The Primary Election of 2021 in the Town of Kearny continues to get more bizarre by the minute.
Despite being ruled ineligible by the town clerk and a judge in Hudson County Superior Court, Alexis Campos, a former Democratic candidate for the nomination for a seat in the town’s Second Ward, will forge ahead as a write-in candidate, the head of her ticket, mayoral hopeful Sydney J. Ferreira, said in a video posted to social media and in a worded news release, on April 21.
“A few days ago, Alexis’s grandmother asked why her name was written on signs all over town. Her proud father tried to explain that Alexis was running for town council,” Ferreira said. “Not really understanding, her 97-year-old Portuguese grandmother exclaimed, ‘My granddaughter is going to work for the United States.’
“Alexis will hold onto that proud moment, as she continues this journey to seek the town council seat in the Second Ward, and we will be there by her side every step of the way. She is a lifelong resident and has every right to seek a seat in the ward where she currently resides. By disqualifying Alexis from appearing on the ballot and depriving her family of that great honor, they may have disenfranchised all of the residents who signed her petition, but they will not discourage us or her family. I urge our supporters, who live in the Second Ward to write in Alexis Campos under my name on the ballot.”
But does she have “every right” to seek the seat, as Ferreira says?
Judge Jeffrey R. Jablonski and Town Clerk Patricia Carpenter both have already said “no,” she doesn’t.
And Mayor Alberto G. Santos, Ferreira’s opponent in the race for the Democratic mayoral nomination, concurs.
“The residency law on its face applies equally to all candidacies, whether by petition, by write-in or as an independent — objections to a write-in candidacy would be decided by the same court that heard Mr. Ferreira’s and Ms. Campos’s arguments earlier this week,” Santos said.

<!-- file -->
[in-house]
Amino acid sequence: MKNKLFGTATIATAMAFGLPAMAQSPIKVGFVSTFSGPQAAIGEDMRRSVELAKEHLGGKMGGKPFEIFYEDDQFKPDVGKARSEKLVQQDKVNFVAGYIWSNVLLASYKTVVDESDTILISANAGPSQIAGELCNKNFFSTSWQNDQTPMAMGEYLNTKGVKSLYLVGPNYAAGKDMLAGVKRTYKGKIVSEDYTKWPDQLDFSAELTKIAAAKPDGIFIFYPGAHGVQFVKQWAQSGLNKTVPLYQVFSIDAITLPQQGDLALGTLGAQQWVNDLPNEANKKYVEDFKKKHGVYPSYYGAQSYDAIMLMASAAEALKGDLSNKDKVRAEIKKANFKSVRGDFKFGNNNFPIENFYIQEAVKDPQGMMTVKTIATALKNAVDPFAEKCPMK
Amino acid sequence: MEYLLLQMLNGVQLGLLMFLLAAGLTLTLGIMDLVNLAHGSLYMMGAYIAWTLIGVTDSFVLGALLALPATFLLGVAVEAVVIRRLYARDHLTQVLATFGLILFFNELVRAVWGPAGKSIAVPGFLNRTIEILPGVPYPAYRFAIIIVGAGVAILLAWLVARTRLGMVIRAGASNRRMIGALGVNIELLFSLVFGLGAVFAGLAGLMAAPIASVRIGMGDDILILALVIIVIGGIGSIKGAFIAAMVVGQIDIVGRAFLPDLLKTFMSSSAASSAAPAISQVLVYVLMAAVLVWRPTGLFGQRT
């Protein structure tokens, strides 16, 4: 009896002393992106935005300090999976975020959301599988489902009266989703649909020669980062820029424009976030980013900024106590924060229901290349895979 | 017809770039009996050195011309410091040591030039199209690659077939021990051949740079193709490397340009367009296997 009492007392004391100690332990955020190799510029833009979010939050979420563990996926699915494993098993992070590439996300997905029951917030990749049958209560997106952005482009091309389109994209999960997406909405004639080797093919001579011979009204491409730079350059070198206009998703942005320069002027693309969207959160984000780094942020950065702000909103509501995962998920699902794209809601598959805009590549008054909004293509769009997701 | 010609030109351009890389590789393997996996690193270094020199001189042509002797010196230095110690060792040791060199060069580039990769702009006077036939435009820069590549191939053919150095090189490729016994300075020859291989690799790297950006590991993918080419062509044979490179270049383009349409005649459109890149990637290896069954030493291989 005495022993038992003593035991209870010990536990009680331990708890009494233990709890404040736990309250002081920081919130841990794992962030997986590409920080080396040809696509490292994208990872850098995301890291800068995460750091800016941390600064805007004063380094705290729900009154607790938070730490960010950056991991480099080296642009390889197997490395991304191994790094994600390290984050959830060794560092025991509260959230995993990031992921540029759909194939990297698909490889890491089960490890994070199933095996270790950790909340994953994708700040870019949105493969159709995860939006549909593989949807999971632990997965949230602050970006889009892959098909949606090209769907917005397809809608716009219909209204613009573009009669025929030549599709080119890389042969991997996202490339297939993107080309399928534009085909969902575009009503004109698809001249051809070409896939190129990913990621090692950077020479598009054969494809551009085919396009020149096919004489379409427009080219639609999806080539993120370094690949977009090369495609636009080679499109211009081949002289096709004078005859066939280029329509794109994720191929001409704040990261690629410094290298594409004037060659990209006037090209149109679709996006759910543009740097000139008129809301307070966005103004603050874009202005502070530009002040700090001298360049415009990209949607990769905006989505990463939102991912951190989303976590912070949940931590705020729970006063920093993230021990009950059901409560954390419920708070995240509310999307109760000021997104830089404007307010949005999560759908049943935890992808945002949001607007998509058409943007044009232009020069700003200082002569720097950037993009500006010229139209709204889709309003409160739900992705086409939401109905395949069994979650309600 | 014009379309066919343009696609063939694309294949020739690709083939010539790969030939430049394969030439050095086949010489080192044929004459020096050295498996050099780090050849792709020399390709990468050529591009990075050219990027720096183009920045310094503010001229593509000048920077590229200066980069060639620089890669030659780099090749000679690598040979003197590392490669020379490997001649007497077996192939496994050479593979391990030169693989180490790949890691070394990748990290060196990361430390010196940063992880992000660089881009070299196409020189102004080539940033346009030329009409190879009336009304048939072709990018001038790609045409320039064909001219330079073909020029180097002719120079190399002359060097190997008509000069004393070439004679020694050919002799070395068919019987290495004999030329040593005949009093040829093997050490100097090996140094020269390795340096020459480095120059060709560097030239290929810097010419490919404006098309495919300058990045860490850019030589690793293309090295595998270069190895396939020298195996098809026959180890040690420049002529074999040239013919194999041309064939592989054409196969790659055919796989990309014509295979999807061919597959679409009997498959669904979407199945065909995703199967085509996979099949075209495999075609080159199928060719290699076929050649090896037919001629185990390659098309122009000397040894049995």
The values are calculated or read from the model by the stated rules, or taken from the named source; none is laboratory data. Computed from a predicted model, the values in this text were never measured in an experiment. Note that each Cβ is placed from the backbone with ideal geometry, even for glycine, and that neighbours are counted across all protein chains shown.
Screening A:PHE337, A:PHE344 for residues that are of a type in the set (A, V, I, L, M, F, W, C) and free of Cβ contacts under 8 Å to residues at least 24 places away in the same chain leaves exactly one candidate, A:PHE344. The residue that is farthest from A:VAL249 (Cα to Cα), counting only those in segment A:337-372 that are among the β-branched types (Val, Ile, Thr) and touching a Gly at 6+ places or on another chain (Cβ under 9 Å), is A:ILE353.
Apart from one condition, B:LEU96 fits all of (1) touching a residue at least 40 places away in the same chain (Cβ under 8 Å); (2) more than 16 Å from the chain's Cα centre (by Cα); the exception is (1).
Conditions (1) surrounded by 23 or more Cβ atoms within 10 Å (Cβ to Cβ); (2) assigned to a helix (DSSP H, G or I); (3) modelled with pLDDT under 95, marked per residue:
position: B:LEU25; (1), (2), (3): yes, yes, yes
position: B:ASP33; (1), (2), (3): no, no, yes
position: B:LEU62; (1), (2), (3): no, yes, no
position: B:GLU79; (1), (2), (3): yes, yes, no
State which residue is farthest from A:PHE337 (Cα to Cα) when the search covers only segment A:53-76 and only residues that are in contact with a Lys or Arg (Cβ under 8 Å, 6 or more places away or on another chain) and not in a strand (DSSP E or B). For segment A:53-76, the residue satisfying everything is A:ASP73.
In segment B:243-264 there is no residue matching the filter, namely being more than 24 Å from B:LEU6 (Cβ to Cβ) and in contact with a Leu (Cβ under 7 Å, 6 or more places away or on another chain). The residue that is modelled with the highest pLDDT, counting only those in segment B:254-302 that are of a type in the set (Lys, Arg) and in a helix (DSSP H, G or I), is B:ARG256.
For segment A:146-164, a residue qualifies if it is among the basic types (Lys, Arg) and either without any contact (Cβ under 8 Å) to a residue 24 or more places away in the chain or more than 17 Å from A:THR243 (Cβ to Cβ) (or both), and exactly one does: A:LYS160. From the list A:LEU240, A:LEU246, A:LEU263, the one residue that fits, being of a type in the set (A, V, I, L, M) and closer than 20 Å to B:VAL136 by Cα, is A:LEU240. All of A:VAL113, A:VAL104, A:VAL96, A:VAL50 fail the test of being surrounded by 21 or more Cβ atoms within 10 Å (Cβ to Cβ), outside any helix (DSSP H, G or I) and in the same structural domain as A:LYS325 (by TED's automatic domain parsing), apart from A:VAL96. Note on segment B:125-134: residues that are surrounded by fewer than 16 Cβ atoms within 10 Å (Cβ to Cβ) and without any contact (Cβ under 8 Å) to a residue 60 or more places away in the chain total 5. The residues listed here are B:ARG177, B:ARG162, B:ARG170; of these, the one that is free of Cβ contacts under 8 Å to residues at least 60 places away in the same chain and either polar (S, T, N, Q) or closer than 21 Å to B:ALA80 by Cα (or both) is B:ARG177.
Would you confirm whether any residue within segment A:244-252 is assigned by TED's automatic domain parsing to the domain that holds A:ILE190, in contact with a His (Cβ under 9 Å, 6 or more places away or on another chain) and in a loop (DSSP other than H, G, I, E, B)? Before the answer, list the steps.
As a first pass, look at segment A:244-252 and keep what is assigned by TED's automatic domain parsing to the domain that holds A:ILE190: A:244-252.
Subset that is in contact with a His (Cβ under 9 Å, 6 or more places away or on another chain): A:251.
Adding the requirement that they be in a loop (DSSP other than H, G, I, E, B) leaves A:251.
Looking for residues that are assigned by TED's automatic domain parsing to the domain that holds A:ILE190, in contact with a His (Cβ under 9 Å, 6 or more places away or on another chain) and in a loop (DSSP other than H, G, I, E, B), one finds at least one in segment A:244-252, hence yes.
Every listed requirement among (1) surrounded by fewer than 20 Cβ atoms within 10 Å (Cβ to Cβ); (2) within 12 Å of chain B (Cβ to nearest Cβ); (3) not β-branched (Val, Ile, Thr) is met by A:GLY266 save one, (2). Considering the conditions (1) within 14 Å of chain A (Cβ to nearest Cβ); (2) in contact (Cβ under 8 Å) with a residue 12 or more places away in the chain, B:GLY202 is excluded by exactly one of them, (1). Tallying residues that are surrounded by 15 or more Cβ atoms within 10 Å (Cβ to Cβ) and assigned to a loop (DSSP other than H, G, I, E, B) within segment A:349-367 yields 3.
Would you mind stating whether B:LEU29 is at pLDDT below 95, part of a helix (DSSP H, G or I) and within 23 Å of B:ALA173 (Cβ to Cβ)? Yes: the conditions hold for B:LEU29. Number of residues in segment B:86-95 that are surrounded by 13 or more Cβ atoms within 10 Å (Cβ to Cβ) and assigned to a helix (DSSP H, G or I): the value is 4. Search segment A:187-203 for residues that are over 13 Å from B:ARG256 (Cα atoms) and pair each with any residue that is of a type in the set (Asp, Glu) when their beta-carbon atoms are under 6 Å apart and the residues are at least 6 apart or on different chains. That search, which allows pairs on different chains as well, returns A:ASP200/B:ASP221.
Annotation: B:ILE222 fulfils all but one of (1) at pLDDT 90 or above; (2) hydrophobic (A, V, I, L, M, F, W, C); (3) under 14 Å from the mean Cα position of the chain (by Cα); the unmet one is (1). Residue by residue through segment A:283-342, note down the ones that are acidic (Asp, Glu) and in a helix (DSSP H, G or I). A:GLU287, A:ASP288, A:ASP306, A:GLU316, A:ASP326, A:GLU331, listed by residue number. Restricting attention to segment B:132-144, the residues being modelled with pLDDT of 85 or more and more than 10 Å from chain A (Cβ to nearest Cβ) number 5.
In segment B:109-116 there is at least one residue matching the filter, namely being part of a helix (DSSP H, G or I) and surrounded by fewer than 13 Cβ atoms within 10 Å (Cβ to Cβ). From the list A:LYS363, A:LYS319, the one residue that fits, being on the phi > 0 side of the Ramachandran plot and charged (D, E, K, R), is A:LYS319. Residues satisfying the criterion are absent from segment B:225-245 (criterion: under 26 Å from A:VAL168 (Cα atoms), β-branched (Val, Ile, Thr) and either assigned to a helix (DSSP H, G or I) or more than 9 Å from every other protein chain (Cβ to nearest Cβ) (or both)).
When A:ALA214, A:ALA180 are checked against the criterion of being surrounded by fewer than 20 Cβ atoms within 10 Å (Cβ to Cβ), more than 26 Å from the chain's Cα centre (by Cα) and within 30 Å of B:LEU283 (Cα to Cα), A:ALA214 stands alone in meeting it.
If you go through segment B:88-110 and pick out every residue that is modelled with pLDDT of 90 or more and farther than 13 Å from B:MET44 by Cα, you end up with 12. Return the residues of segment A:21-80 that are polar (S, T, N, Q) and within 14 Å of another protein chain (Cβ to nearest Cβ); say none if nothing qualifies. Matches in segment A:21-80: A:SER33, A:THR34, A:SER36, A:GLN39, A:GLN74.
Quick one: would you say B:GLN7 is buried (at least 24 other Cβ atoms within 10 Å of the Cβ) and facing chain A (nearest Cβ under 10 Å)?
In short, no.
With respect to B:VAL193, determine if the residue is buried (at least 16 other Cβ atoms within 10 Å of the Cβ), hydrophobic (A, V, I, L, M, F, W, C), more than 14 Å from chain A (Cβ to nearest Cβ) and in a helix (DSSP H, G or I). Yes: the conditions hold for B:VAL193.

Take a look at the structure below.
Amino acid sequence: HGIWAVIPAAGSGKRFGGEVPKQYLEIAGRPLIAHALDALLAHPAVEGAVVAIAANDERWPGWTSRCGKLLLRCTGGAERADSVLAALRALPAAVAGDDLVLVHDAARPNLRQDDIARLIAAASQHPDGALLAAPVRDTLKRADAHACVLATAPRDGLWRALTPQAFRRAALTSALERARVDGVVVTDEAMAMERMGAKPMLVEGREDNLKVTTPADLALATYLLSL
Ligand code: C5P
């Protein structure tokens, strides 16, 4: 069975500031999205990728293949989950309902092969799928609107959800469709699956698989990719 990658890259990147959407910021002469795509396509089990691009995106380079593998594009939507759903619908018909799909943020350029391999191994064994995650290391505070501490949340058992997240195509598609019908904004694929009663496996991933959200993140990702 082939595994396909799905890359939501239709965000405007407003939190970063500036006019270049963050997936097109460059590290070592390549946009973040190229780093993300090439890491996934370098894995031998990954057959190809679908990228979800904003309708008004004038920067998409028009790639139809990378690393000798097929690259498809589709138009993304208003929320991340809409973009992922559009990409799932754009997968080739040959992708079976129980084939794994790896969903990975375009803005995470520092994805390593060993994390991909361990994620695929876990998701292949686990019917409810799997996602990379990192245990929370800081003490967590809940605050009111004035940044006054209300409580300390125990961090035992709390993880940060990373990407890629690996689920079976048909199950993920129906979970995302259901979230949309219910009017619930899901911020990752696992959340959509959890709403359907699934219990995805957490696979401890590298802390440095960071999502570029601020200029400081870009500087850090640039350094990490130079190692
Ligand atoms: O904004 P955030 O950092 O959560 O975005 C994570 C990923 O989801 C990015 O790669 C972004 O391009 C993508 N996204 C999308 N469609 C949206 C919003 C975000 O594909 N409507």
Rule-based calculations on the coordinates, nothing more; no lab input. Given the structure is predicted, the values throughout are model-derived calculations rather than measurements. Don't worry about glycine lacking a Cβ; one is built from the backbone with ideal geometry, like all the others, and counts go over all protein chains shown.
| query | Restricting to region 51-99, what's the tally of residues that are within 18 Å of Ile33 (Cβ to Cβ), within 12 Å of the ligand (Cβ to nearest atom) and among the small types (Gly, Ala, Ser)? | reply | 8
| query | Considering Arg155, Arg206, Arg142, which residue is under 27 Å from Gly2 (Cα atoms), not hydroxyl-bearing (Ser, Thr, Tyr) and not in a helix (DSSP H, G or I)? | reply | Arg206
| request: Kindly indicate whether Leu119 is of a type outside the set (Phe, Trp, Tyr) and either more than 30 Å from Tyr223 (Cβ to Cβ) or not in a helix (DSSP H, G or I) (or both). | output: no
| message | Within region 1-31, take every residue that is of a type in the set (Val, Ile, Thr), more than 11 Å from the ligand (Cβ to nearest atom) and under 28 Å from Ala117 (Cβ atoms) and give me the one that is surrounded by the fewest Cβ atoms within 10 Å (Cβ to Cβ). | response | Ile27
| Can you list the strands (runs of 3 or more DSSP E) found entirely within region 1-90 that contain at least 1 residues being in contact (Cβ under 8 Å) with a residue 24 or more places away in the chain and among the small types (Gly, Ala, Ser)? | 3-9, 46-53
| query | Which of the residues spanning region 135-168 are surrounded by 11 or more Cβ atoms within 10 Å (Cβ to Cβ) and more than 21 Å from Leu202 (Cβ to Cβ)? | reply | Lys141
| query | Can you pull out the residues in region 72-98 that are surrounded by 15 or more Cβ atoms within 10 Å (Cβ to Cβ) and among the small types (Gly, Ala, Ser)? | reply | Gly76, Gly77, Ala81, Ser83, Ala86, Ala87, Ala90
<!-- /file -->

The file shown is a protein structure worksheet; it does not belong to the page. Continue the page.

Still, Ferreira borrowed a page from former First Lady Michelle Obama’s playbook to emphasize his desire for Campos to continue campaigning for the seat for which she’s twice been deemed ineligible.
“When they go low, we go high,” Ferreira said, quoting from Mrs. Obama’s 2016 convention speech. “We will double our efforts. We will knock on more doors. We will walk more streets. We will meet more residents. We will hand out more brochures. And we (will) install more signs. No matter what they try with their legal maneuvering, they won’t shut down this movement.”
This was all made necessary by a challenge to Campos’s petition made by Santos in his capacity as chairman of the local Democratic Party. Citing state election law, he noted that a candidate for office must live in a “local unit,” or, in this case, a ward, for at least a year before being eligible to run.
Carpenter applied the law and disqualified Campos from being the ballot. But Ferreira and Campos filed suit in Hudson County Superior Court, leading to Jablonski’s ruling that Campos was, indeed, ineligible to be a candidate.
Campos offered proof of her residency in the Second Ward with a copy of her lease dated August 2020, which would have been two months short of the one-year requirement. But it is voter registration that determines eligibility, according to several election-law experts, and in Campos’s case, that did not occur until March 9, 2021. Despite moving to the Second Ward in August 2020, election records indicate she voted in the November 2020 General Election in the Third Ward, where her representatives are not the same as in the Second Ward.
Therefore, in all probability, she would not even be able to run as a non-affiliated candidate in the November 2021 election either.
The Observer reached out to the Ferreira campaign this morning for additional comments by email, but we didn’t receive a response.
Learn more about the writer ...
Kevin A. Canessa Jr. is the editor of and broadcaster at The Observer, a place where he has served on and off since 2006. He is responsible for the editorial content of the newspaper and website, the production of the e-Newspaper, writing several stories per week (including the weekly editorial), conducting live broadcasts on Facebook Live, including a weekly recap of the news — and much more behind the scenes. Between 2006 and 2008, he introduced the newspaper to its first-ever blog — which included podcasts, audio and video. Originally from Jersey City, Kevin lived in Kearny until 2004, lived in Port St. Lucie. Florida, for four years until February 2016 and in March of that year, he moved back to West Hudson to return to The Observer full time. Click Here to send Kevin an email.